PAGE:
CORB DAY - Destination 4: City Museum
Trip Start Nov 14, 2007
92Trip End Apr 20, 2009
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It is with some disappointment that at the end of a long day of such extraordinary experiences we found ourselves at Le Corbusier's City Museum. It has to be said that this is an unremarkable building in a pretty sorry state. Where the Sarabhai House and Mill Association are buildings of pleasure the City Museum has all the pathos of sandpaper.
The building is a cube lifted on pillotise with a void at its centre bringing light to the undercroft. If you could imagine what a doughnut mounted on a grid of toothpicks would look like if it was thrust into the film-world of "Tron" then you're halfway there.
The building surface is a homogenic stacked red brick skin between two wafers of concrete and the occasional punctuation of glazing clad in iron grills. It is an unforgiving aspect which not-so-subtley suggests that you get inside the building quickly before something nasty 'happens' to you, such as: an attack by a stray pack of wolves; a discrete meteor shower; or a run-in with a man clutching an iron-bar (How do we know Wilson Tuckey isn't here selling wheat or, God forbid, lecturing in History?)
Either way it is best to do the right thing and get the bloody hell inside.
Corb ramps you up into the building from a central inner courtyard at the base of the void rather than through a forecourt as in the case of the Mill Association Building (also completed in 1954). Perhaps he didn't want to come across as a one trick pony to his new Indian benefactors and so presented a scheme clearly dichotomous to the Mill Association Building. In any case, for such an open site this introversion is a strange manouvre.
Before passing the impressive maritime-themed door it is hard not to notice four Corbusien water spouts hanging like giant probisci over the internal courtyard from the roof edges. The sight of these spouts, sneezing over the courtyard in the monsoon and filling the courtyards substantial pond would be interesting.
Inside, despite the best efforts of the curators, it is still a bleak proposition. The space is big and dumb- like most gallery spaces. An occasional light-scoop in the corners of the ceiling and a modest mezzanine is the only break in an otherwise modest space. Even the pillotise, somehow dwarfed in the space, offer no encouragement.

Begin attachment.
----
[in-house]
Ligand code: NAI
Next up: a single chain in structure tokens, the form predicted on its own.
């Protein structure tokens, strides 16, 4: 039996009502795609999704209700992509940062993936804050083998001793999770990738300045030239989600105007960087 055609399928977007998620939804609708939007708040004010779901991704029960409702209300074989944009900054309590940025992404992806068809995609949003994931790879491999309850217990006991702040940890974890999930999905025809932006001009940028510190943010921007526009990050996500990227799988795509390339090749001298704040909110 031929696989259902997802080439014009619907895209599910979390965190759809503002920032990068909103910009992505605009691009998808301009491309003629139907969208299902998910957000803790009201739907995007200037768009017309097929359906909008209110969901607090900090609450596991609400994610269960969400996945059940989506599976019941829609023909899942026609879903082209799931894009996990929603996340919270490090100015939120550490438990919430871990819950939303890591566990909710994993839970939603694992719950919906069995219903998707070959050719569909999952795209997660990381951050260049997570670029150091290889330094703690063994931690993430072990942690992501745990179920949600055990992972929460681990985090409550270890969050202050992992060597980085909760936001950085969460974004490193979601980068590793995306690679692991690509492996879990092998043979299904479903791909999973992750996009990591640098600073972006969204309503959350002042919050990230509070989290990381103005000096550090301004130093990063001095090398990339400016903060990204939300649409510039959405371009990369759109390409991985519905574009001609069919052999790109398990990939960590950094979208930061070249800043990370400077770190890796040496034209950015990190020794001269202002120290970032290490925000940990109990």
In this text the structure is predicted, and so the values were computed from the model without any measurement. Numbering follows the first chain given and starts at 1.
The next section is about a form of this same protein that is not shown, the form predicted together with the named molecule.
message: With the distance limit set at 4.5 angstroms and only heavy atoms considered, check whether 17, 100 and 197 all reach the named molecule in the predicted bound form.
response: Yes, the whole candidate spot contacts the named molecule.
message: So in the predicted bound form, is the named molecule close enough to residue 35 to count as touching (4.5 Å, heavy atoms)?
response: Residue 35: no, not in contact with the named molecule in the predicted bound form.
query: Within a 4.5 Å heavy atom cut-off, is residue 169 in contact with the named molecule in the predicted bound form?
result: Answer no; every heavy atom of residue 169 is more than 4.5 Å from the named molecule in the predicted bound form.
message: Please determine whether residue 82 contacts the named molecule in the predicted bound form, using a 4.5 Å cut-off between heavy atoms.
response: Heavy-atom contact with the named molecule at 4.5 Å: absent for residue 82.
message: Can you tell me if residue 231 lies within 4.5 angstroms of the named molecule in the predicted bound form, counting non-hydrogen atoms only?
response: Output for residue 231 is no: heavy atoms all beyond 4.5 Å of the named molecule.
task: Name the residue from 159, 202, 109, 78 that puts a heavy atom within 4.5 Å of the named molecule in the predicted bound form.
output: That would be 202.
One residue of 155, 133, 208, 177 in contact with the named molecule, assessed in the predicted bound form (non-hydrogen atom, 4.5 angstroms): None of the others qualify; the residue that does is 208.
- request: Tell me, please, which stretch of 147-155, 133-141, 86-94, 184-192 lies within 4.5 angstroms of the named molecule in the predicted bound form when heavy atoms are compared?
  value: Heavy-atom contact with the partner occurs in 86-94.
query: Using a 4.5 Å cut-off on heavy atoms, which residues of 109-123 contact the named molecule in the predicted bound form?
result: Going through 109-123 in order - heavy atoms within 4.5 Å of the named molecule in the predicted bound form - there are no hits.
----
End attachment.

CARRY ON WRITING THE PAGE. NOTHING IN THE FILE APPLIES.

"Perhaps the roof top will be enlightening" I suggest hopefully.
To the rooftop, we take a grimy staircase cocooned in concrete walls covered in the ochre stains of spat pan- A monstrosity of Jackson Pollock style, depth and proportions. With that now all too familiar, unmistakable odour of piss the enclosure of the stair case provokes desperation and I begin to fantasise a sumptuous fifth fašade of ramps, steps, nooks and ponds which must surely terminate at those impressive drain spouts I had seen from the inner court.
Instead, the roof top is a barren concrete tarmac (What was I thinking?!) and it seemed never ending. In all directions an arid plain fanned out into Ahmedabad and distinguishing the edge of the roof from the city was like finding the line between the Gibson and Great Sandy Deserts.
In need of an oasis, we gravitate to the centre to gaze down on the inner courtyard through the central void- A dusty pond stares back at us laughing. Then we notice the spouts 'properly' for the first time, that is, we see them in all their functional glory, those great gargoyles to the parched, a full metre in length, commencing at a drain a clear foot above the level of the roof surface and the bottom of the staircase door. In other words: Useless.
Corb made a demon.